And just those. If I don’t like a book, I just might toss it in favor of another (wink). Really, what is the point of complaining about books?
Also, no spoilers alert! Look here for reviews, but no reveals.
4:50 from Paddington by Agatha Christie
This is the original The Girl on the Train. Elspeth McGullicuddy cannot get anyone (the porter, the local police) to believe that she witnessed a murder on a passing train.
No one believes her, except her friend Miss Jane Marple …
If Shonda Rhimes were to write a book about Renaissance France, it would likely resemble The Rival Queens—a dramatic and almost soapy page-turner by Nancy Goldstone.
I don’t mean this as a knock, but more as another case of truth being stranger than fiction.
This novel features all the hallmarks of classic Christie: a “village mystery,” mustached detective Hercule Poirot, memorable supporting characters, and an intricately woven plot.
There’s also danger, as the children have more to fear than ghosts and goblins in this Halloween story.
Salem’s Lot by Stephen King
I read Salem’s Lot by Stephen King as part of the #SalemAlong readalong, which made it extra fun.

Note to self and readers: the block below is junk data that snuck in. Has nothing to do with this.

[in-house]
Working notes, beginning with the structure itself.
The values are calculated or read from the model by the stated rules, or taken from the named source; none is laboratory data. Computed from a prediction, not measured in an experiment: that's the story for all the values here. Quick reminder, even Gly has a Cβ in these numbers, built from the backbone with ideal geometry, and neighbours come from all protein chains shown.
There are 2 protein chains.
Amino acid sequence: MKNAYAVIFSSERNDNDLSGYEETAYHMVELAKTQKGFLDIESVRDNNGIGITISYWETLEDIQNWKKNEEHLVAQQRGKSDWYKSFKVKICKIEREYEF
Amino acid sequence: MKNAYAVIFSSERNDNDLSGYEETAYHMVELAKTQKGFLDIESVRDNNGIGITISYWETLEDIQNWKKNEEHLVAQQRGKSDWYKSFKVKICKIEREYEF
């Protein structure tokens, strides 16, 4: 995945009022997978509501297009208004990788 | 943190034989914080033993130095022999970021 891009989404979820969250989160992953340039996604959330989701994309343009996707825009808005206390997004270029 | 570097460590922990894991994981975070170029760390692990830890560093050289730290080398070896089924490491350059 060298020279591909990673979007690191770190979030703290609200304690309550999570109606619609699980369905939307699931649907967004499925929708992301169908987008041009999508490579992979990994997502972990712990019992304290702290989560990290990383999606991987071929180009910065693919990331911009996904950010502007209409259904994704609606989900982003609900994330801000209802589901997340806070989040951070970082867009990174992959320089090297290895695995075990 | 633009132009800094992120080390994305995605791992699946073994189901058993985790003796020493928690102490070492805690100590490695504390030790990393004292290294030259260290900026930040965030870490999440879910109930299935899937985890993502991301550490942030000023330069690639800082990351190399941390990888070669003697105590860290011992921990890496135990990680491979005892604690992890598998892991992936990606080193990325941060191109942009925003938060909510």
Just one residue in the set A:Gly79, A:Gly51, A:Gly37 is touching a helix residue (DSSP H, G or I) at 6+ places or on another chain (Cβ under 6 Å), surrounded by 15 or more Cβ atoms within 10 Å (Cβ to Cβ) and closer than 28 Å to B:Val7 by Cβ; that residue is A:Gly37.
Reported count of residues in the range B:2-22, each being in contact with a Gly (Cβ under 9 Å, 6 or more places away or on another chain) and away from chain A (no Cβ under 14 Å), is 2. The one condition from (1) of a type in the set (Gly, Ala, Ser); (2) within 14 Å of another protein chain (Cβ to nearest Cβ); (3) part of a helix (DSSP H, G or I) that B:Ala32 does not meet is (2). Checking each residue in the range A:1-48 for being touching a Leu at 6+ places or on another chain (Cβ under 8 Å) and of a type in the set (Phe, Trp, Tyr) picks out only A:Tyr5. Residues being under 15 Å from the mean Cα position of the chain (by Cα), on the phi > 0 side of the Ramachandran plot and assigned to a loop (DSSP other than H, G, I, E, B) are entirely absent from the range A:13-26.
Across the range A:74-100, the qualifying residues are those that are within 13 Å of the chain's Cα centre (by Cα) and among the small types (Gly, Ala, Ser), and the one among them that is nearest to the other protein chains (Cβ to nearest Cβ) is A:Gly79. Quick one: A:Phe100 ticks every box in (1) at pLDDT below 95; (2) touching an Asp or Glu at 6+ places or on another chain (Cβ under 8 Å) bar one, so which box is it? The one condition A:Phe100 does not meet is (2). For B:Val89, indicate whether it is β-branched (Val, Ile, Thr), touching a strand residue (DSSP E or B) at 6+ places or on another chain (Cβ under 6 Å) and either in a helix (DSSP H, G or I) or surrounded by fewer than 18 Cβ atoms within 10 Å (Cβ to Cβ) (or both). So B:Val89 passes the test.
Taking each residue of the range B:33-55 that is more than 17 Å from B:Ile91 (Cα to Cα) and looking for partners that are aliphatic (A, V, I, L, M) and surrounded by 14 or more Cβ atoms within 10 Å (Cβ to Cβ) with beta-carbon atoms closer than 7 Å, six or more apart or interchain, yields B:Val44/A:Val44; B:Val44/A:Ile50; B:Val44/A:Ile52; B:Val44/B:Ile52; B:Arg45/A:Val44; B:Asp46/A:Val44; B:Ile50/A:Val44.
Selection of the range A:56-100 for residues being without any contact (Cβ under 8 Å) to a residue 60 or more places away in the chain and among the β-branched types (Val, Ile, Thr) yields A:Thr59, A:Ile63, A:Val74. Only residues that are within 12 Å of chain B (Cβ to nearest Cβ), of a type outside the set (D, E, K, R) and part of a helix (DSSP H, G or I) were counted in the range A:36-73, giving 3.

This scary pageturner is an especially good read on the run up to Halloween. Just remember to lock your windows! Here’s my wrap-up and review.
Village School by Miss Read
This book tells of the small village of Fairacre, England, as narrated by the school mistress of the local, two-room elementary school, aka “Miss Read”.
The story unwinds in a series of slice-of-life vignettes that follow the school year.
Jane’s Fame: How Jane Austen Conquered the World
In 1820, Jane Austen sunk into obscurity “out of print, out of demand, and almost out of mind.”
Today, Austen is a worldwide phenomenon. Jane’s Fame by Claire Harman looks at the erratic, inexorable rise of Jane and the Janeites.
“A wire that snaked its way through all the trenches, through all the winters … across all the lines.”
This moving novel is both a mystery and a reflection on the Great War. It feels especially resonant as we head into the 100th anniversary of the start of that conflict this July.
Phantasmagorical is how I would describe Neil Gaiman’s latest. That is not to say this is a book of pure fantasy.
The story feels real even as it veers off into the fantastic. All becomes plausible via Gaiman’s dark magical realism. But, it is the emotional pull that gives this book its heft.
The Ghost Stories of Edith Wharton
If a book could at once be chilling and cosy, that is how I would describe The Ghost Stories of Edith Wharton.
I highly recommend this as a perfect Halloween read. These stories offer all the joy of reading Edith Wharton, plus some very spooky moments.
Although a doorstop of a book, it’s neither dense in writing style or in words per page—so a fast read. The plot is intriguing and supernatural, but beware of the gore.
Luckily, King lightens things up with pop-culture references and “easter eggs.”